Born October 15, 1938 in Abeokuta, the music icon was born to feminist activist, Funmilayo Ransome Kuti and Reverend Israel Oludotun Ransome Kuti, who was the first president of the Nigerian Union of Teachers. Having attended Abeokuta Grammar School where his father was the principal as well as the music teacher. In school, Fela was always running around creating jokes and laughter. Destiny beckoned on Fela when he met J.K Braimoh in school and he introduced Fela into music. This was in 1955. His interest in music increased with his association to Braimoh who he later studied music with together at the Trinity School of Music in London. It was in London that Fela learnt how to play the trumpet for he had become deeply involved in jazz music.
Fela And His Music
It was at Trinity College of Music that Fela and his friend, J.K Braimoh formed Koola Lobitos, a jazz band that regularly entertained Nigerians living in London. It was while at Trinity College that Fela met and fell in love with half caste Remi Taylor. They got married a year after courting. Remi Taylor-Kuti is the mother of Femi Kuti. Fela Ransome Kuti & His Koola Lobitos was the first band the afrobeat legend had. The musician returned to Nigeria with his wife, Remi after finishing his studies. He got fascinated by highlife music in Ghana saying, “I have nerver seen a countrylike this before, only in Europe, their nightlife was swimming in Highlife music.” Fela began playing root African tunes in Ghana and that was the genesis of Afrobeat music. He returned to Nigeria and started having regular gigs at Kakadu Night Club. Early songs of the 60s were Ololufe, Onidodo, Araba’s Special and others which formed 48 Highlife songs. 70s was the golden era of Afrobeats with Jeun koku, Lady, Expensive Shit, Yellow Fever, Zombie, Authority Stealing to name a few.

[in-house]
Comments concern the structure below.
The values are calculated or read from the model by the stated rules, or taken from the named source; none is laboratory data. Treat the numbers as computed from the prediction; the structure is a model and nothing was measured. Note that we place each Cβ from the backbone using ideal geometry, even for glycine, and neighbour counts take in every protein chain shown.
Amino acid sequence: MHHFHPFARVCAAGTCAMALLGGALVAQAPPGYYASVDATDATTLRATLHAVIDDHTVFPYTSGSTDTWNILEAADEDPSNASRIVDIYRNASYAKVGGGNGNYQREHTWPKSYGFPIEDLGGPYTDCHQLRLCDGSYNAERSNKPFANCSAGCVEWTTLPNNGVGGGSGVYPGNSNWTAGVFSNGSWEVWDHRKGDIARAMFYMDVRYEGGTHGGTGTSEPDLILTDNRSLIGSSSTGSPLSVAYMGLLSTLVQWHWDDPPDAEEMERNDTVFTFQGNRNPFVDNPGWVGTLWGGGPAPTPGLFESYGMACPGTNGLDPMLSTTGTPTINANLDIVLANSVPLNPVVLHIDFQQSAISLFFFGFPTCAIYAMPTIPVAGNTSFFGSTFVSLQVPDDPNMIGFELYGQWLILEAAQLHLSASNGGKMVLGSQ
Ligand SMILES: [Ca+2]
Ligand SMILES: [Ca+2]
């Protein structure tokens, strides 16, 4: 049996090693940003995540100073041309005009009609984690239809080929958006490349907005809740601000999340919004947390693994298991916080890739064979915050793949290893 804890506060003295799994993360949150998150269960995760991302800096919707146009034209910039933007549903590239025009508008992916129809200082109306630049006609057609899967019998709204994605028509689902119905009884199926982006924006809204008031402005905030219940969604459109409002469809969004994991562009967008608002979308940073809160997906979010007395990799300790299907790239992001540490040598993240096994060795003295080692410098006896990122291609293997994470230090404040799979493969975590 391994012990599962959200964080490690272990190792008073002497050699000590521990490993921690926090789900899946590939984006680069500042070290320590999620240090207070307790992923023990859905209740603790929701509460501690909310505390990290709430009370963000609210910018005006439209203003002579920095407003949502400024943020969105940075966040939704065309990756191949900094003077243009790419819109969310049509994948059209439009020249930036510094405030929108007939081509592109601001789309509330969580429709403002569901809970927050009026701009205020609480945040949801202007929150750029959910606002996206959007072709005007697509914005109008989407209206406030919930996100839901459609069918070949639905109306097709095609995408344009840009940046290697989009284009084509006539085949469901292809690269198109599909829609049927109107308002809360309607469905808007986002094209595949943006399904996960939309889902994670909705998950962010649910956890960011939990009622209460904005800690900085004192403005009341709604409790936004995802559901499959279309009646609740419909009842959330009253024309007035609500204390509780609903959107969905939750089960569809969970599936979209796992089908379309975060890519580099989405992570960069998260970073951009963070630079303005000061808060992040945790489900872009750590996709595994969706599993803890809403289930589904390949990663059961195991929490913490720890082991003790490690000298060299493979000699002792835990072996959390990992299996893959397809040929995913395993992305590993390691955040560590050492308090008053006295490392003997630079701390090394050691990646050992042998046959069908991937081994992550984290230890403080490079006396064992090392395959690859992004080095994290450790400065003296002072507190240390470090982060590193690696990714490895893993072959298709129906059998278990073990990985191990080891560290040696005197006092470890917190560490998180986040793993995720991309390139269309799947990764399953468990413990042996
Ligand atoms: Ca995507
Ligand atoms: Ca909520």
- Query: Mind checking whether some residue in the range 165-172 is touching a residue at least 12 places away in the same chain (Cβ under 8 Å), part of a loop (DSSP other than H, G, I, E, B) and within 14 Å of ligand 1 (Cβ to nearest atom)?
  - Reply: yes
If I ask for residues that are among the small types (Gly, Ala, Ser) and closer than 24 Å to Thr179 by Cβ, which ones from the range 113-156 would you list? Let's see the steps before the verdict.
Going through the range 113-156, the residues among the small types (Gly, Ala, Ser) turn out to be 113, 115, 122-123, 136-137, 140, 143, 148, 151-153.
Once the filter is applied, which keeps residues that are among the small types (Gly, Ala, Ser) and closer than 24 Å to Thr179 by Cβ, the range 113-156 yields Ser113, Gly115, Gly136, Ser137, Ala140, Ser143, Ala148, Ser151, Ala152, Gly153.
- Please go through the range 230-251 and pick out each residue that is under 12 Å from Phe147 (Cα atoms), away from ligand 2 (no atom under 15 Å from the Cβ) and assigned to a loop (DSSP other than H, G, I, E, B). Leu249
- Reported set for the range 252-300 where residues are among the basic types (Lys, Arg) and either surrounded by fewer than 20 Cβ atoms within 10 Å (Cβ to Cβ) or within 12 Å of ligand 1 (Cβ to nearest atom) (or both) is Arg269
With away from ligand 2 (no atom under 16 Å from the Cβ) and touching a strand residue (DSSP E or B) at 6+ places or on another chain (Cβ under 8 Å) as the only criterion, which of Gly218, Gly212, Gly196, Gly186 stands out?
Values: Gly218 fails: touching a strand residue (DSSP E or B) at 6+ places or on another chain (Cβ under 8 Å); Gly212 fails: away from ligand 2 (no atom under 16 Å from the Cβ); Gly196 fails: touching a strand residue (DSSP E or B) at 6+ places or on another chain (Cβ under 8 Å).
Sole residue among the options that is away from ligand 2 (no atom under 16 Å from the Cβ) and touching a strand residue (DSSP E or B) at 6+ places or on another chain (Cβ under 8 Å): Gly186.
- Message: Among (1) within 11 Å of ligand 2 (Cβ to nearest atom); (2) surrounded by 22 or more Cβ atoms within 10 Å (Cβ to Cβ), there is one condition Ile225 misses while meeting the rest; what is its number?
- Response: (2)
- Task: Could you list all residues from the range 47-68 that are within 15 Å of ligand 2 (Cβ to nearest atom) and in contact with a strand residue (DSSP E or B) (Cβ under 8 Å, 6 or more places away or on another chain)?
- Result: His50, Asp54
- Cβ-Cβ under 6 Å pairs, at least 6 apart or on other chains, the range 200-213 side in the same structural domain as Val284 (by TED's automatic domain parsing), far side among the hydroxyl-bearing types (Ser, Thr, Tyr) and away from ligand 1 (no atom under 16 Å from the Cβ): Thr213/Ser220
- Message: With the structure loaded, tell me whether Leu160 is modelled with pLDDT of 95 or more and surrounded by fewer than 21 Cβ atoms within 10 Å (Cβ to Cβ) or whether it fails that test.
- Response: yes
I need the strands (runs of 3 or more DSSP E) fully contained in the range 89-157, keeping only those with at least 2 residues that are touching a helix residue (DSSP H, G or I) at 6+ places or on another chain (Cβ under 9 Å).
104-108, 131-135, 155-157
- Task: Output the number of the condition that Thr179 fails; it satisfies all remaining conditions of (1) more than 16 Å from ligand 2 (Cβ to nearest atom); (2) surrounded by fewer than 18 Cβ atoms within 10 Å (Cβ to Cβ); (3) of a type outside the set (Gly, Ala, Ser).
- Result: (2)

The 1980’s experienced a departure from Fela’s overtly commercial music as noted by Beast of No Nation and others. Fela songs at the time echoed the neo colonial slavery of Nigeria, the biggest African nation and the lingering problems of Nigeria which is largely are corruption. The songs include Shakara, Water No Get Enemy, Sorrow Tears & Blood, Army Arrangement, Colonial Mentality, Trouble Sleep Yanga Wake Am, Confusion Break Bone, Monday Morning In Lagos, Teacher Don’t’ Teach Me, Eko Ile, Opposite People, Black Man Cry, Everything Scatter, Original Suffer Head, Mr follow follow, He Miss Road, O.D.O.O, Kalakuta Show, Alagbon Close, Monkey Banana, Go Slow, Fear Not For Man, Viva Africa and others. Indeed Fela was a genius and seemed to be in a class of his own. Some have noted that the most musical aspect of Fela’s musical career remains the jazz oriented period of the 1960s. Fela sang on various issues from love, war, economy, and politics berating the military rulership of the day.